On April 3, in the Canadian House of Commons, Trudeau was forced, under tightly focused questioning by Conservative MP Pierre Poilievre, to acknowledge that one of his first important statements about the scandal had been a falsehood.
On April 7, the leader of the Conservative Party, Andrew Scheer, revealed that a week earlier, a lawyer for Trudeau had threatened him with a libel lawsuit, a rare step in Canadian politics. One basis of the threat? Scheer had, on March 29, accused Trudeau of lying about the very thing that, on April 3, Trudeau admitted to lying about.
Could the situation get more absurd? Yes! On the evening of April 7, Trudeau’s spinners issued a statement denouncing Scheer for wasting the public’s time talking about issues irrelevant to Canadians’ real concerns—that is, by talking about the lawsuit Trudeau himself had initiated.
Trudeau just failed Kipling’s challenge: “If you can keep your head when all about you / Are losing theirs and blaming it on you.”
The scandal convulsing Canadian politics began with a corruption case involving a large engineering firm, SNC-Lavalin. To secure contracts in Libya a decade ago, SNC-Lavalin paid bribes to the son of the former Libyan dictator Muammar Qaddafi. Those bribes violated Canadian law. SNC-Lavalin was caught and prosecuted, and faced tough penalties.
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Hoping to avert or mitigate the penalties, SNC-Lavalin commenced a lobbying campaign within Trudeau’s Liberal Party almost as soon as it came to power in November 2015. SNC-Lavalin has long been an important Liberal campaign contributor. Its chairman is a supremely well-connected former head of the Canadian civil service.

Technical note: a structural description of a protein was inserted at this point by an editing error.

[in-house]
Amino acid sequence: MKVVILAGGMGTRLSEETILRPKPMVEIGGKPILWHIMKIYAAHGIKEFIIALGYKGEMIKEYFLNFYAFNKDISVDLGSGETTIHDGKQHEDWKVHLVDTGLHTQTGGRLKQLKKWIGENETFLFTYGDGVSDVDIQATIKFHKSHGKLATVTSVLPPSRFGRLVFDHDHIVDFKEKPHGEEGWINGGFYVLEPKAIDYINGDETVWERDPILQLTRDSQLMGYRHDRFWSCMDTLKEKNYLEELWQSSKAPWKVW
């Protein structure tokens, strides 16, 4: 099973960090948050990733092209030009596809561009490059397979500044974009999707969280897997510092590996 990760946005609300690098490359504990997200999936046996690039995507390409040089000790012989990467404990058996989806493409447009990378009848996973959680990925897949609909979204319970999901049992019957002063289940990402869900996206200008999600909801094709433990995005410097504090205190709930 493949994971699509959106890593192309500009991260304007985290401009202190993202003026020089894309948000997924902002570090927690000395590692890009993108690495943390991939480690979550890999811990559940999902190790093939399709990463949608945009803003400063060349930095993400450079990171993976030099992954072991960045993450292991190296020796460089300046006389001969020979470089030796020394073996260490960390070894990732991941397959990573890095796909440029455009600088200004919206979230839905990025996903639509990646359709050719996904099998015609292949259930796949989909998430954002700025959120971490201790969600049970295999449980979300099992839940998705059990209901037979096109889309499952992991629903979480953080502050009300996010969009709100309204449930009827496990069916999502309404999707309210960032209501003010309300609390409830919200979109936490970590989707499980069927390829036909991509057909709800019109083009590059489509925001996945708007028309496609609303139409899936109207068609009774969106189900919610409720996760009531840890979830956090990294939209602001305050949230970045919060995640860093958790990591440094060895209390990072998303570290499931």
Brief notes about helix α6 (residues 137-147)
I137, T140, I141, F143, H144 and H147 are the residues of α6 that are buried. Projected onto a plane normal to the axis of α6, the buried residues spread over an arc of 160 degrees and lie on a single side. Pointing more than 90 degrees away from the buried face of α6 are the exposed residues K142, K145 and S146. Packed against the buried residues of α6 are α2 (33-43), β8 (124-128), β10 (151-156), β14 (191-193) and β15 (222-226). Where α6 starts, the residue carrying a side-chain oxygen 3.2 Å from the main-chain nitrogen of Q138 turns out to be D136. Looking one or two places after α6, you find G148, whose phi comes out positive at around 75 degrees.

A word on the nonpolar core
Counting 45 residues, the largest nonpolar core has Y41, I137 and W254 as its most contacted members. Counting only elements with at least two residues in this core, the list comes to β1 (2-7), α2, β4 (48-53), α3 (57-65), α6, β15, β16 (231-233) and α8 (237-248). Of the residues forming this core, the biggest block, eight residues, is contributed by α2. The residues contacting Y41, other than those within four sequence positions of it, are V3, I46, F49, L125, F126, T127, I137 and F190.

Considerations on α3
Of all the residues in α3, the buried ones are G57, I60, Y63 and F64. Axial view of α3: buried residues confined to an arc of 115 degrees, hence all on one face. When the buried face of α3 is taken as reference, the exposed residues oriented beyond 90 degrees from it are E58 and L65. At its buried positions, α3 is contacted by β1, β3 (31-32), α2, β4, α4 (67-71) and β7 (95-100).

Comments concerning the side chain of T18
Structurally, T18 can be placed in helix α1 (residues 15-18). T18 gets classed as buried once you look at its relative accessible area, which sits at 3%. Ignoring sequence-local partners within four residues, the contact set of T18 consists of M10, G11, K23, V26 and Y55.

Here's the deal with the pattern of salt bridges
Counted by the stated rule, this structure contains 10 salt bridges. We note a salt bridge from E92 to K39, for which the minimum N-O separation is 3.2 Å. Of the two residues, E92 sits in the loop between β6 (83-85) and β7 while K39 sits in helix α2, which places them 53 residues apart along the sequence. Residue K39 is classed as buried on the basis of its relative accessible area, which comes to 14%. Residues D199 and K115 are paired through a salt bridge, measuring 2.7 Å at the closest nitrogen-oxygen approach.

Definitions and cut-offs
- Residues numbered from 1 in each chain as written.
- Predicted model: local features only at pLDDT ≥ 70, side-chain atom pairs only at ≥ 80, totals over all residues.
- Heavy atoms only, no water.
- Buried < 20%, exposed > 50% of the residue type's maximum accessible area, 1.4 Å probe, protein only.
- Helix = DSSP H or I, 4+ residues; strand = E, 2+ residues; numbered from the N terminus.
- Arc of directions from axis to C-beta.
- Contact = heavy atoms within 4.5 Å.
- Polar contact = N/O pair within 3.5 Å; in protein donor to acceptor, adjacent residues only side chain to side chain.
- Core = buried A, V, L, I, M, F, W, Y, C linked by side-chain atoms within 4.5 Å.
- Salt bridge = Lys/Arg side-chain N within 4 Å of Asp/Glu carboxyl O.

The trouble for SNC-Lavalin was that the then-federal attorney general, Jody Wilson-Raybould, refused to play ball. JWR, as she’s become known, was the first indigenous Canadian to hold Canada’s top law-enforcement job. She had her own agenda, one that often put her at variance with the rest of the Trudeau government. When the party began to pressure her to help SNC-Lavalin, she refused to yield.
In January 2019, Wilson-Raybould was removed as attorney general and demoted to the lesser job of minister of veterans’ affairs. On February 8, the Canadian newspaper The Globe and Mail published the first story about the pressure campaign on Wilson-Raybould. Four days later, Wilson-Raybould resigned from the cabinet, followed on March 4 by another cabinet official, Jane Philpott.
Trudeau has forcefully denied allegations that he sought to tamper with justice. But again and again, the specifics of those denials have been contradicted—culminating in the explosive revelation on March 29 that Wilson-Raybould recorded a phone call back in December with Michael Wernick, then head of the civil service, in which Wernick intimated to Wilson-Raybould that by refusing to relent on SNC-Lavalin, she was putting her job as attorney general at risk. That’s the core allegation of the scandal, and it now stands as fact.